And you’d never quite know who was spying on you, because the backdoor that the legislation effectively mandates could be exploited by any hacker savvy enough to open it.
The legislation is so poorly written that it would render many common products used without any ill-effect illegal, Isaac Potoczny-Jones explains. “It’s likely that these Senate members simply don’t realize that the technologies to make data unintelligible to anyone, including the government, are 1) The cornerstone of cybersecurity as we know it, and 2) already widely available, and have been for many years,” he writes.
A technology expert at The New America Foundation, the centrist Washington, D.C., policy think-tank, told Wired, “In my nearly 20 years of work in tech policy, this is easily the most ludicrous, dangerous, technically illiterate proposal I’ve ever seen.”
Senator Ron Wyden, another member of the Senate intelligence committee, promised that if the legislation reaches the Senate floor he will filibuster it. “This would effectively outlaw Americans from protecting themselves,” he said in a statement. “It would ban the strongest types of encryption and undermine the foundation of cybersecurity for millions of Americans. This flawed bill would leave Americans more vulnerable to stalkers, identity thieves, foreign hackers, and criminals.” Meanwhile, he added, “it will not make us safer from terrorists or other threats.”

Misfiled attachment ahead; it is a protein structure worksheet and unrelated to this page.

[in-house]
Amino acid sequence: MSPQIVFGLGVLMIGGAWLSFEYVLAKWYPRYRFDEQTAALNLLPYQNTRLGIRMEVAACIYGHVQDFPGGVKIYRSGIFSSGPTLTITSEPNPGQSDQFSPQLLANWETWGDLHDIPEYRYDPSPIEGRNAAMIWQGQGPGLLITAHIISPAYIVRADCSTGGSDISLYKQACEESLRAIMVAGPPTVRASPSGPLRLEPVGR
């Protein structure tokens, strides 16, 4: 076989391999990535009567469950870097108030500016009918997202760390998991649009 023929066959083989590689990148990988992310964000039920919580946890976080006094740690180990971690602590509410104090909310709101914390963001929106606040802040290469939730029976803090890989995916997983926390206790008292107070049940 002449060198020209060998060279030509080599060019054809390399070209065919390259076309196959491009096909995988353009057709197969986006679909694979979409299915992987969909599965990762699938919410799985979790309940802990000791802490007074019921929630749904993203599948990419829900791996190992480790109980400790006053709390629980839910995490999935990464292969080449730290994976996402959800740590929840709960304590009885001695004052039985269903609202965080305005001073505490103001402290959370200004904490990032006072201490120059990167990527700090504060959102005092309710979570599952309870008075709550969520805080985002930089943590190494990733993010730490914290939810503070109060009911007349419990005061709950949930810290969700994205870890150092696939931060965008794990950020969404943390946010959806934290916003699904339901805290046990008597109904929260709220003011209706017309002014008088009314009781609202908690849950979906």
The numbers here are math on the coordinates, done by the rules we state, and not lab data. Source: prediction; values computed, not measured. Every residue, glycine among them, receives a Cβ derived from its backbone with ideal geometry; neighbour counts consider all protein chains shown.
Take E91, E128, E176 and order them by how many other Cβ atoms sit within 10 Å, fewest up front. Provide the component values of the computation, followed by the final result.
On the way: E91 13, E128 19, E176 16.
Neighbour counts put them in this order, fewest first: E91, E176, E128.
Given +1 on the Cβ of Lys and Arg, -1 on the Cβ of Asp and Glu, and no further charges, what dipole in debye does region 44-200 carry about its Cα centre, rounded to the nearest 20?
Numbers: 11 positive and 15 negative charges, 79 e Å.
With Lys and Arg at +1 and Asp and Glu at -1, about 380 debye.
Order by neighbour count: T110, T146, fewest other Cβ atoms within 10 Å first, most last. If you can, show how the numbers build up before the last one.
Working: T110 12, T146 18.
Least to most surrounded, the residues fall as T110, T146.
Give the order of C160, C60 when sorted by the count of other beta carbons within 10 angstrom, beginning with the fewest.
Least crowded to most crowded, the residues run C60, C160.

That’s because a terrorist intent on using, say, a messaging app with end-to-end encryption need not rely on what’s built in the United States by above-board tech-firms. If end-to-end encryption is outlawed, the law-abiding will lose access. Outlaws won’t.
Sometimes, I give thanks for the limits on how longstanding technology can be limited. Consider the humble piece of paper. Terrorists can map out an entire operation on the stuff, then burn up all the evidence, leaving no more than a smoldering ash heap for the FBI, even if they have a warrant! Imagine if it was technologically viable to produce paper than could neither be burned nor shredded, and the federal government imposed that mandate on the nation’s paper-makers. Suddenly, it would be marginally harder for terrorists to plan operations and harder for various other criminals to destroy evidence of their misdeeds, too.
The literal paper-trail would be preserved!
Meanwhile, every American with a diary or a stack of old bills they’d once have taken to the shredder to thwart identity thieves would be unable to protect themselves. And determined terrorists could still get burnable paper made abroad.
The analogy is imperfect in part because it radically understates the privacy threat posed by the Burr-Feinstein bill. In this hyper-connected era, your unencrypted data can be sucked up in mass quantities and stored permanently by any criminal syndicate or foreign government with a sufficiently sophisticated spy arm.